In 2016’s The Purge: Election Year, the leading candidate for President of the New United States is the Reverend Edwidge Owens (Kyle Secor), who wears his clerical collar and, in his ads, speaks with a cross in the background.

The Purge: Election Year is the third of the series of four Purge films, which imagine a future United States that has a day without consequences. One day a year, Purge Day, people can break any law without penalty including, perhaps especially, murder. This day allows people to work out their aggression, but even more importantly it brings down the cost of government social spending, welfare, Medicare, social security, etc.

In this film, a sizable portion of the American public has begun to question the wisdom of the day of lawlessness. One candidate for President wants to do away with the Purge, but it's not the minister. Senator Charlie Roan (Elizabeth Mitchell), who lost her family during a Purge, is campaigning on the platform of ending the annual night of chaos. The establishment candidate supporting the 25 years of rule by the NFFA (New Founding Fathers of America) Party is the Reverend Owens.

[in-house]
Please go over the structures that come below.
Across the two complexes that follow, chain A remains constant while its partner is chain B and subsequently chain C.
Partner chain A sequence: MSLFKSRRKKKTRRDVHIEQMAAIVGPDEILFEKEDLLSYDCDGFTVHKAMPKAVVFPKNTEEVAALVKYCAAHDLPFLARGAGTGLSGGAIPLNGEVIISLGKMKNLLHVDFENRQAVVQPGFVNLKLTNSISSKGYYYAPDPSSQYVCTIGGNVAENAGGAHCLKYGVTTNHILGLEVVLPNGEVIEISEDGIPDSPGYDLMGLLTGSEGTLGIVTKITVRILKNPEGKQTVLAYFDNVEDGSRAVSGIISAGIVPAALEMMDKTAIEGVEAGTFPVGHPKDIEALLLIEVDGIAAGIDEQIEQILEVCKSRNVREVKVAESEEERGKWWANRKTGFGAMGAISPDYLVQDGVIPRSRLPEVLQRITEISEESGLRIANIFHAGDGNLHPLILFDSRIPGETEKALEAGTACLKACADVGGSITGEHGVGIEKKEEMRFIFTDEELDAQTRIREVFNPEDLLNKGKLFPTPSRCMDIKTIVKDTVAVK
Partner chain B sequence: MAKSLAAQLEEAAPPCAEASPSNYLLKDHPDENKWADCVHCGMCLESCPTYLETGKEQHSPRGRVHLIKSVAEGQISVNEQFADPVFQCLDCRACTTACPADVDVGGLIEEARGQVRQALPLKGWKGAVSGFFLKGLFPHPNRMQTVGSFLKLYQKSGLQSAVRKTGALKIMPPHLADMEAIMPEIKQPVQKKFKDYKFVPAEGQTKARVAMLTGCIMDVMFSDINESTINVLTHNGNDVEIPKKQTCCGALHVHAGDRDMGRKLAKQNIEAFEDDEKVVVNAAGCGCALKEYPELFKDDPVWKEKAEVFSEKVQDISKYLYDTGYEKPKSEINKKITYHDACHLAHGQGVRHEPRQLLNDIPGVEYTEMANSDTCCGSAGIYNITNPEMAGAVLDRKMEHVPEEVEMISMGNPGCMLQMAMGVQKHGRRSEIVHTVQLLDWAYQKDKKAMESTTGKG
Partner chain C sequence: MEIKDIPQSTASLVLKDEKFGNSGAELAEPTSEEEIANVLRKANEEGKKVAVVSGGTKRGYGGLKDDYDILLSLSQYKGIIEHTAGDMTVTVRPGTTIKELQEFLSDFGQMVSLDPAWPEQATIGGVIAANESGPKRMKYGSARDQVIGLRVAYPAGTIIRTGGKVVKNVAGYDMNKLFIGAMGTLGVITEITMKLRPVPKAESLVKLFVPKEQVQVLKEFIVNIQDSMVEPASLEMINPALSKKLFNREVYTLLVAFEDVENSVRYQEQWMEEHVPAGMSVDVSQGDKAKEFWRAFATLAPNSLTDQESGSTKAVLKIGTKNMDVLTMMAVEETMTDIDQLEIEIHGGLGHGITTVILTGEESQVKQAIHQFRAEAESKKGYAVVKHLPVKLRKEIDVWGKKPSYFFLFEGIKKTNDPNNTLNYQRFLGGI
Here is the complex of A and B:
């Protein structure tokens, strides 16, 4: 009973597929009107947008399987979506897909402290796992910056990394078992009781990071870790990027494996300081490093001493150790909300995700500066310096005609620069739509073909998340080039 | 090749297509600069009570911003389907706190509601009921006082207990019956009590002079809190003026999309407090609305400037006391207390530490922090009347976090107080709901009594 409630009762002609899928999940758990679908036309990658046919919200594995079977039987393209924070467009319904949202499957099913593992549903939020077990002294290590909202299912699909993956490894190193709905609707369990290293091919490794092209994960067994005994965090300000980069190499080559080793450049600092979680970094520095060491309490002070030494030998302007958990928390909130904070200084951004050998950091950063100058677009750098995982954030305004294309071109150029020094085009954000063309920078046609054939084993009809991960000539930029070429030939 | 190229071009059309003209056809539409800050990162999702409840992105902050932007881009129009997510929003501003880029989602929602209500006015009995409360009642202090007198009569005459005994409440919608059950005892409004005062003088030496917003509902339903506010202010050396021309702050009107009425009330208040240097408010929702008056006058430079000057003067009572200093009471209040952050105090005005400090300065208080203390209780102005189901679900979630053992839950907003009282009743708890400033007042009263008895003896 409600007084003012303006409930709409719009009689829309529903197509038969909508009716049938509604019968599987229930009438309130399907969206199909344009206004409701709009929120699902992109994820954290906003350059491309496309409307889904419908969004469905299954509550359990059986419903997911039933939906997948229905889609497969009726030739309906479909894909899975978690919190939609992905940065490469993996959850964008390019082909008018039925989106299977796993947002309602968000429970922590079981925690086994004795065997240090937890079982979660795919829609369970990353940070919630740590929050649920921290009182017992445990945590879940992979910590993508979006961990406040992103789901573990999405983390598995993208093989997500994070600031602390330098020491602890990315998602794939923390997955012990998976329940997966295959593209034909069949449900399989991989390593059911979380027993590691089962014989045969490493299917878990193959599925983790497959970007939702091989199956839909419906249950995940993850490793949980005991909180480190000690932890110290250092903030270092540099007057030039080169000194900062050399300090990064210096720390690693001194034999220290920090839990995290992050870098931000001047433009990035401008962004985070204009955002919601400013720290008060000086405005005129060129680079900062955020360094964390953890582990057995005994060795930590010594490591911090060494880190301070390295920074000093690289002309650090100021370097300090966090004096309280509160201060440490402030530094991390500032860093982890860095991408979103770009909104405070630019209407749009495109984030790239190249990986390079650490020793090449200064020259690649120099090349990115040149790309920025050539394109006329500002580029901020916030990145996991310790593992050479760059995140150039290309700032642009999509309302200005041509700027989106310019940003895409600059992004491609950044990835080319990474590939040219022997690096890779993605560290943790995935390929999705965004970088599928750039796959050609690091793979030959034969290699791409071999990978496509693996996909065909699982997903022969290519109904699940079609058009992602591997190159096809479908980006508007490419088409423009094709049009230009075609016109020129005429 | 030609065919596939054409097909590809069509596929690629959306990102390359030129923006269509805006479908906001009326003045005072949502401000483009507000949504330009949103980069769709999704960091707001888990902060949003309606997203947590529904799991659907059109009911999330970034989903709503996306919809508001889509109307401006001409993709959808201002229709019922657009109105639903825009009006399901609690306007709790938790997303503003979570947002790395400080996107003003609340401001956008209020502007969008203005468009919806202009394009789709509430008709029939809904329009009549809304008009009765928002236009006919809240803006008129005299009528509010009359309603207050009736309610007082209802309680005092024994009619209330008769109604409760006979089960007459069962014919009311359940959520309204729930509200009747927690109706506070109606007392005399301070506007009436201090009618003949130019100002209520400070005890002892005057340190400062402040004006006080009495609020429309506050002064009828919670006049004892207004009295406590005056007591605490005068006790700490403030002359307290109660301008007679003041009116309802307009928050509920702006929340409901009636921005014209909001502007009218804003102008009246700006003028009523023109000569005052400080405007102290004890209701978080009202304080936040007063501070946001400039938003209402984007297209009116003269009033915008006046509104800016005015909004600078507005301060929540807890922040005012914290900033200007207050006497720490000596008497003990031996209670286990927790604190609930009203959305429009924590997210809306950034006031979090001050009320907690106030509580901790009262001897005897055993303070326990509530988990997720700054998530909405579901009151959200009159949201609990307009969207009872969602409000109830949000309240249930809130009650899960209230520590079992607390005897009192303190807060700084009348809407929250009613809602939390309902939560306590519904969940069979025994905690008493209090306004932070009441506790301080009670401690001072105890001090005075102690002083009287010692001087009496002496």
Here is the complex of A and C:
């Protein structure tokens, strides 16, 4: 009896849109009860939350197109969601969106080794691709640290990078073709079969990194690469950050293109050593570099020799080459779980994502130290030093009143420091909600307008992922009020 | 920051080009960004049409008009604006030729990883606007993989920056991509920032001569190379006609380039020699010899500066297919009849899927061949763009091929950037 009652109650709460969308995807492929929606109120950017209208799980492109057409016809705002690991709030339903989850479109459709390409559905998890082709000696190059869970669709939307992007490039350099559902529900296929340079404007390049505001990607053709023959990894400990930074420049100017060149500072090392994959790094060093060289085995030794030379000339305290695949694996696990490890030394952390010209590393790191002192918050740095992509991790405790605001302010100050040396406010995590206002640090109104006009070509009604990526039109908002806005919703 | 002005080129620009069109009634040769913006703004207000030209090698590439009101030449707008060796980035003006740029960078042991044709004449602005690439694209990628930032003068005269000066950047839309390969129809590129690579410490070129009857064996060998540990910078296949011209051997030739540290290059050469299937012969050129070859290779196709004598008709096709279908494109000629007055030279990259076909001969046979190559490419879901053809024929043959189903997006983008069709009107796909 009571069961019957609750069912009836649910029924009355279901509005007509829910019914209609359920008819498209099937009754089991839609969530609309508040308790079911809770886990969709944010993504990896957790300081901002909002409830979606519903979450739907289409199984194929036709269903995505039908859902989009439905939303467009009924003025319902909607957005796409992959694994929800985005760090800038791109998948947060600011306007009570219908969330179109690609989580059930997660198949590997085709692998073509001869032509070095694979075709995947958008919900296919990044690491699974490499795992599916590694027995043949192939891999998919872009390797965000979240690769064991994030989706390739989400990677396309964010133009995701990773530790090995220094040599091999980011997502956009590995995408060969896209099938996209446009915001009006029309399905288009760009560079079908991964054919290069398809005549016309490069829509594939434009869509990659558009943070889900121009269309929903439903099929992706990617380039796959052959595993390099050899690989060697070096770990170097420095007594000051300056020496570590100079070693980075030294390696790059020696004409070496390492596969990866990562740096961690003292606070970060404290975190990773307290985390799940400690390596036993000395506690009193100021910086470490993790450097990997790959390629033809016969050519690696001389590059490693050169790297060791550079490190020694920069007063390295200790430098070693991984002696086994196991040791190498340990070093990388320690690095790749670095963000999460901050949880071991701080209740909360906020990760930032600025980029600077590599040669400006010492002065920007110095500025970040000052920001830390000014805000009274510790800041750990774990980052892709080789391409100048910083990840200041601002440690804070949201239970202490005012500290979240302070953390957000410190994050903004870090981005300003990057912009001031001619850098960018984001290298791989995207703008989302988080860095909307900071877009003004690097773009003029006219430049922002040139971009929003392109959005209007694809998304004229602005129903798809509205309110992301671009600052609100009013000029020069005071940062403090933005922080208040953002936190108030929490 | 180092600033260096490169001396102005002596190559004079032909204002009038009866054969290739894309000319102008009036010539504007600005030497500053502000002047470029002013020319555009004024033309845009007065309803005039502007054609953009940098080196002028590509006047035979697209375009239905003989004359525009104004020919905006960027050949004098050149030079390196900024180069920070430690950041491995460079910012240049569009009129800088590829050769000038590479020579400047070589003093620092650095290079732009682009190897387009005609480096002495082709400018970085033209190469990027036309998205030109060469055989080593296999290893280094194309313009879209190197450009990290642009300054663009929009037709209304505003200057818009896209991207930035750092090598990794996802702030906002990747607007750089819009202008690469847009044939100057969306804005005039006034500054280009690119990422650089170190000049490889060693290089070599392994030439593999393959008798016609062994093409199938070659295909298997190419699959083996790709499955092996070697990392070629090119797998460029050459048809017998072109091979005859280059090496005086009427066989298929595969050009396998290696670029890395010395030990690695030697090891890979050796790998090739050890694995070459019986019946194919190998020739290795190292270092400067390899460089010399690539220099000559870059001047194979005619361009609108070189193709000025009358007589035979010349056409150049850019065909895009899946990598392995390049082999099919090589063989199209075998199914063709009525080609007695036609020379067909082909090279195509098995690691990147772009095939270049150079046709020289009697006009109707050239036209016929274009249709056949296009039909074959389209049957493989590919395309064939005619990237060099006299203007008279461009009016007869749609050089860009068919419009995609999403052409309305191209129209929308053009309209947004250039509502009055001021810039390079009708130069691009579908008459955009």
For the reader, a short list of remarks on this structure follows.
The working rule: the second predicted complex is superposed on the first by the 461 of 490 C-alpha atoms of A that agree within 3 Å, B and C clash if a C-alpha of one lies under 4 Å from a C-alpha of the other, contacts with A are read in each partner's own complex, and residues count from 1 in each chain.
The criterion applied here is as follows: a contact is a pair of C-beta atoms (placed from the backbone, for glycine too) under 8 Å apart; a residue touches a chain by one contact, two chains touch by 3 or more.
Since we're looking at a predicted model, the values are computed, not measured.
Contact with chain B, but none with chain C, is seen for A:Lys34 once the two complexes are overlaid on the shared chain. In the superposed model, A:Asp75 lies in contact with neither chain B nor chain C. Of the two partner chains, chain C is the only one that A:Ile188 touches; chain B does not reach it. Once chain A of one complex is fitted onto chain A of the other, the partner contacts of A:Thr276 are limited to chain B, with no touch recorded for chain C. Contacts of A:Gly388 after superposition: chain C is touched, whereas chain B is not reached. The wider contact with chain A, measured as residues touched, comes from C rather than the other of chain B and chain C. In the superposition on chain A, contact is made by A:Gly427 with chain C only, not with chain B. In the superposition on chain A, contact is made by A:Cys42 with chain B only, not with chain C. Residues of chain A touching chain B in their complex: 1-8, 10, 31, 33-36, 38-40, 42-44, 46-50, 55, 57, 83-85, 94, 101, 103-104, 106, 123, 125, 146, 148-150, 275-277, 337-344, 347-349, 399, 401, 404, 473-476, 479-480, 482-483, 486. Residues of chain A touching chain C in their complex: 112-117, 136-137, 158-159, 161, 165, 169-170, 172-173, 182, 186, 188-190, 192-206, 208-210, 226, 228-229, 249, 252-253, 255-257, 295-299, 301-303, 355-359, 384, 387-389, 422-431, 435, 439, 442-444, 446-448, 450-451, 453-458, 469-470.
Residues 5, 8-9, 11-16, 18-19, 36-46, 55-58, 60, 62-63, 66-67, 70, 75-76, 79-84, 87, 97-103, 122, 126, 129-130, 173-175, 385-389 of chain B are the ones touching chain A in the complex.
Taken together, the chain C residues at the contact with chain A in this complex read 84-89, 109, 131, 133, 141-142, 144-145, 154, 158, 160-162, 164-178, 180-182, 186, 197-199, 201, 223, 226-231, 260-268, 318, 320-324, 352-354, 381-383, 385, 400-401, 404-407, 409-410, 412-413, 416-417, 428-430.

At an electoral debate, Senator Roan and the Rev. Owens discuss their plans for the upcoming Purge night.

Senator Owens asks, “And where will you be spending Purge Night, Minister?”

Rev. Owens replies, “I will once again be presiding over my party’s Midnight Purge Mass because I still believe in it.”

Senator Owens says, “The Midnight Purge Mass? Where our great NFFA leaders gather together and slaughter innocents. Is murder our new religion?”